Five hundred people Friday morning rallied outside Auburn’s The Ridge Golf Course, demanding that U.S. Representatives Doug LaMalfa (Dist. 1) and Tom McClintock (Dist. 4) address concerns on climate change, health care and the environment in a public forum. The peaceful demonstrators, organized by Indivisible Women of Nevada County and other groups, congregated along the public road into the golf course, where the Mountain Counties Water Resources Association (MCWRA) held an all-day symposium, Read more >>
Local conservation, community and tribal organizations are calling on U.S. Representatives Doug LaMalfa and Tom McClintock to hold a public town hall meeting on water issues after being prevented from attending an upcoming meeting about regional water issues with federal and state representatives. Read more >>
The Army Corps of Engineers is coming to Auburn and Grass Valley to solicit input about the proposed Centennial Dam. The public has two opportunities to attend these meetings and 37 days to submit comments on Nevada Irrigation District’s (NID) plans to construct Centennial – a new 275-foot-tall dam and 110,000 acre foot reservoir on the Bear River between the existing Rollins and Combie Reservoirs. Read more >>
Did you miss the Dam Alternatives workshop at the Wild & Scenic Film Festival? Watch the entire video here. This workshop explores alternatives to consider in evaluating upcoming economic and environmental analyses of NID’s proposal to build Centennial Dam. Experts discuss practical water delivery, demand efficiencies, and watershed scale management opportunities. Read more >>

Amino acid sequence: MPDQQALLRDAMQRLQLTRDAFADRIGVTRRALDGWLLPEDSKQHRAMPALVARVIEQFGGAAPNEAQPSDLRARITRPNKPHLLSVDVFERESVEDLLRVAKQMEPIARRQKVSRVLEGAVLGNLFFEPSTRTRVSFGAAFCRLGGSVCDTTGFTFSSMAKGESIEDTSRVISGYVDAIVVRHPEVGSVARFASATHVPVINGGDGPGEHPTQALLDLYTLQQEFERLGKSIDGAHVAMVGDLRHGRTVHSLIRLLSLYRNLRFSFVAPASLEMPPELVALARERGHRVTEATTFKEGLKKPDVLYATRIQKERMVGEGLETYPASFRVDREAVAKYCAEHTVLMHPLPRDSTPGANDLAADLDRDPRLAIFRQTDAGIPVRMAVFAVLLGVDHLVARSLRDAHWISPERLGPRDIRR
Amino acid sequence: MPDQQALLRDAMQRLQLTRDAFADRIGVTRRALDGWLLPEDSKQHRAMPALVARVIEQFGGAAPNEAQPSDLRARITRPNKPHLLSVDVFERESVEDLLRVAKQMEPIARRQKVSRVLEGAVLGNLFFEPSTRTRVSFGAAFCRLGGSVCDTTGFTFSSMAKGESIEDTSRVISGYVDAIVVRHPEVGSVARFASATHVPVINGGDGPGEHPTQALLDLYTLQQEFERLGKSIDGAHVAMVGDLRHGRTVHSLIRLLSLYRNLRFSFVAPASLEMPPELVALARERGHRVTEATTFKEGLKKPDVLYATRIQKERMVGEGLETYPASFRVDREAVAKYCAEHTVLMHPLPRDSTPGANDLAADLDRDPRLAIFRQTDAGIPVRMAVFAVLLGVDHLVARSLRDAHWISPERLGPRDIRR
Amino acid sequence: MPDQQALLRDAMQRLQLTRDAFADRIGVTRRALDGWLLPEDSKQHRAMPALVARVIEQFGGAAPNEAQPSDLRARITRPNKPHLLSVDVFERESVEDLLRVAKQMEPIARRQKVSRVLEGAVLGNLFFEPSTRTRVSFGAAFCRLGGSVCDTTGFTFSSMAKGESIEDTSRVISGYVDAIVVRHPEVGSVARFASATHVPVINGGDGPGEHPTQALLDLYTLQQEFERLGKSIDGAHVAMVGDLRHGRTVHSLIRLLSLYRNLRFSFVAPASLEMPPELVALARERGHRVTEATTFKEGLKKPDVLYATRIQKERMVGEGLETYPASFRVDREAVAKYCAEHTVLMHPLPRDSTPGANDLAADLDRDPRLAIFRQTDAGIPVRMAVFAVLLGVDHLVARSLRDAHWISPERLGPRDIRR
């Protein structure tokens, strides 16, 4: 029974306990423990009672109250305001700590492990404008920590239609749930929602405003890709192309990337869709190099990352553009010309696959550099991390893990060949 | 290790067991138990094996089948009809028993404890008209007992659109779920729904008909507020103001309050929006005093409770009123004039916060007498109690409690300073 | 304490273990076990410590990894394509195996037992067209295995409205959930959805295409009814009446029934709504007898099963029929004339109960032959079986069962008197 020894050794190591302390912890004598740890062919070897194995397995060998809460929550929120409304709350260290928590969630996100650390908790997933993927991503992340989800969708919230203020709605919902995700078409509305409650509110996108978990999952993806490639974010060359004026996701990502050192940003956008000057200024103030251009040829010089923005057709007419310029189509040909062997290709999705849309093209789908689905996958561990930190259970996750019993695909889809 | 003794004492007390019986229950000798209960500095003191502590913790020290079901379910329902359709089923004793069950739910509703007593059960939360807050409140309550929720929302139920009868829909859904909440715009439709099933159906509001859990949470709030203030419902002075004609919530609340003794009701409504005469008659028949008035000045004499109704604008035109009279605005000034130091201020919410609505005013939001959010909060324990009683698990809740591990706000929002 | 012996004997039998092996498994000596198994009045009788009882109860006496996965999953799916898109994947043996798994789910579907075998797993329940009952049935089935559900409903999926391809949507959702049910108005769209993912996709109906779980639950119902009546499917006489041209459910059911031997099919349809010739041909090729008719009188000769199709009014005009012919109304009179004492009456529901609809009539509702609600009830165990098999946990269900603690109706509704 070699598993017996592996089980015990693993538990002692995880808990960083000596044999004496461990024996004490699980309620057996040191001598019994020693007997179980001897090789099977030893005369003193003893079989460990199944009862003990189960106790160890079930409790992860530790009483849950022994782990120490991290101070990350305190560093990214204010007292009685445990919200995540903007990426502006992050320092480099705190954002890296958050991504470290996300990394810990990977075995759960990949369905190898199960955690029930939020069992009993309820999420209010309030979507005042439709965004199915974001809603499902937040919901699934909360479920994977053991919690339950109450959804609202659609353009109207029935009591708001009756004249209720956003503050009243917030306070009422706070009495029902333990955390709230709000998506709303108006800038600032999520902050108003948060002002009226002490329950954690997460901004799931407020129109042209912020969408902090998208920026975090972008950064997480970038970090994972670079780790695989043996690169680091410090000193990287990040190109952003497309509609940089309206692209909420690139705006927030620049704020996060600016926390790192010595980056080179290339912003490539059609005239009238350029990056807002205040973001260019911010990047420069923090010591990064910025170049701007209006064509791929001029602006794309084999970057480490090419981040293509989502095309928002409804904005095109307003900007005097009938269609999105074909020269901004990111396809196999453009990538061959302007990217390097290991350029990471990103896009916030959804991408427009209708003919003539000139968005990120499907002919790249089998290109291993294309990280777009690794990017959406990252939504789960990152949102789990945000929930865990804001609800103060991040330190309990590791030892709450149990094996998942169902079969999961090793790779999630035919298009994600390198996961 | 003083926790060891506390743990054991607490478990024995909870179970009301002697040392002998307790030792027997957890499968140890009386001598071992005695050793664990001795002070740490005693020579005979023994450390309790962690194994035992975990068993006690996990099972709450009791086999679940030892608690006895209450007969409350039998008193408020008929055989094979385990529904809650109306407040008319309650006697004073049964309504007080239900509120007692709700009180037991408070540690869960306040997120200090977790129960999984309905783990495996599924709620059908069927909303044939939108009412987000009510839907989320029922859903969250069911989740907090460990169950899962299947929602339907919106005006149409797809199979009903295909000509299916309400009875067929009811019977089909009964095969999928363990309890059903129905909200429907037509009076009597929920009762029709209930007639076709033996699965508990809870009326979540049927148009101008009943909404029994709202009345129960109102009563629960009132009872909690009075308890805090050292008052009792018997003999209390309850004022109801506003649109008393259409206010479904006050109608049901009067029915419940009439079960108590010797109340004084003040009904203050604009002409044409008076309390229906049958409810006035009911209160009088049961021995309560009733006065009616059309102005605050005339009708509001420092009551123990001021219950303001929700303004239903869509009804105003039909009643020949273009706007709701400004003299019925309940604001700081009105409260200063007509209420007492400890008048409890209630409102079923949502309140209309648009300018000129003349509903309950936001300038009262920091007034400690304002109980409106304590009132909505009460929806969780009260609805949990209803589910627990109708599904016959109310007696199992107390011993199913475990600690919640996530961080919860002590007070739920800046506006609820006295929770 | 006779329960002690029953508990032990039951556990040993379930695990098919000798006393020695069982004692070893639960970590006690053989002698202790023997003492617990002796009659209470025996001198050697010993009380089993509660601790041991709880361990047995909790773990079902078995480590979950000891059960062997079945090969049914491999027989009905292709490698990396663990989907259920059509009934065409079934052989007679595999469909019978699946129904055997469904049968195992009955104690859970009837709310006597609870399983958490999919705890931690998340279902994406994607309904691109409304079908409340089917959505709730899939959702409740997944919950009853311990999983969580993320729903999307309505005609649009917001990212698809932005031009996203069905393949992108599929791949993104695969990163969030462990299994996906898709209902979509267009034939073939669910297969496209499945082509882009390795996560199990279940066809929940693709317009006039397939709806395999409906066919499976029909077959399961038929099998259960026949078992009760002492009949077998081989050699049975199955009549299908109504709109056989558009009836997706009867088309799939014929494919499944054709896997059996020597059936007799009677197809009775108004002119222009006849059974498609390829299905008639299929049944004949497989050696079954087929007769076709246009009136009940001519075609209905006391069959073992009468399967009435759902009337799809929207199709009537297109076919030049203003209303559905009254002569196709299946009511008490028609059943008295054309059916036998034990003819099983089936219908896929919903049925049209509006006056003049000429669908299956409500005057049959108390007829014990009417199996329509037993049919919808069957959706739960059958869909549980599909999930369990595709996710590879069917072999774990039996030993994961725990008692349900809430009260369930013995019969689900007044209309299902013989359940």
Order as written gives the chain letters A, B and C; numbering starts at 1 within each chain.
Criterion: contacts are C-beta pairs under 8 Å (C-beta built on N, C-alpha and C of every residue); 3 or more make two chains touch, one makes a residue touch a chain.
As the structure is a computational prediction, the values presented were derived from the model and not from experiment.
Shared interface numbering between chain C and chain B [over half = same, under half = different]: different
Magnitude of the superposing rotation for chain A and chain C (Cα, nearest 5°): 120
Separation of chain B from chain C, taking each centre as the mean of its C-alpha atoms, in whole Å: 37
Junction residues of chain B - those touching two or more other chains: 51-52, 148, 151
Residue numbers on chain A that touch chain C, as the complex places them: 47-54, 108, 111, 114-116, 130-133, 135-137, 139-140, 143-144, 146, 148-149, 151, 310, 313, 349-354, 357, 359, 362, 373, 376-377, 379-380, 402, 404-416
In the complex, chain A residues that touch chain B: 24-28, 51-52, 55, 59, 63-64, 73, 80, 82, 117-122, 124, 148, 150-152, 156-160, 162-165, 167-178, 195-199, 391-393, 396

The Centennial Dam proposed by Nevada Irrigation District (NID) would be a 110,000-acre-foot reservoir with a 275-foot tall dam on the Bear River. It would inundate the last six miles of publicly accessible, free-flowing river on the Bear, covering the Bear River Campground, more than 25 homes and 120 parcels, 140 Native American sacred cultural sites, and Dog Bar Bridge. There are alternatives. Read more >>
Right now the Bear River is in trouble—which means the Yuba is in trouble, too.
The local water agency is championing a project to build a 275-foot tall dam—called Centennial—on the Bear River, and create a 110,000-acre-foot reservoir. If built, Centennial Dam would block the last six miles of free-flowing, publicly-accessible river on the Bear. It would wipe out sacred Native American sites, beloved swimming holes, public campgrounds, oak woodlands and other fish and wildlife habitat. Read more >>
Have you heard about the controversial plan to build Centennial Dam on the Bear River? If built, this 275-foot dam would flood the last six miles of free-flowing river on the Bear. It would destroy fish and wildlife habitat, beloved swimming holes, and sacred Native American sites. Read more >>
Have you heard about the controversial plan to build Centennial Dam on the Bear River?
If built, this 275-foot dam would flood the last six miles of free-flowing river on the Bear. It would destroy fish and wildlife habitat, beloved swimming holes, and sacred Native American sites. Read more >>
We’re mobilizing and assembling a team of 1,000 Dam Watchdogs.
Join SYRCL and help us scrutinize every angle of the Centennial Dam project and raise awareness of the impacts on the Yuba and Bear Rivers, water supply and wildlife. If Centennial Dam is green lighted, we’ll lose beloved public and sacred land—Native American heritage sites, campgrounds, a whitewater boating run, hiking trails and river access. Read more >>
On Tuesday, Foothills Water Network, a coalition of conservation and recreation organizations, submitted a joint water rights protest to the State Water Resources Control Board (SWRCB) demanding that Nevada Irrigation District’s (NID) water rights application for the proposed Centennial Dam be denied based on environmental, public interest and legal grounds. Read more >>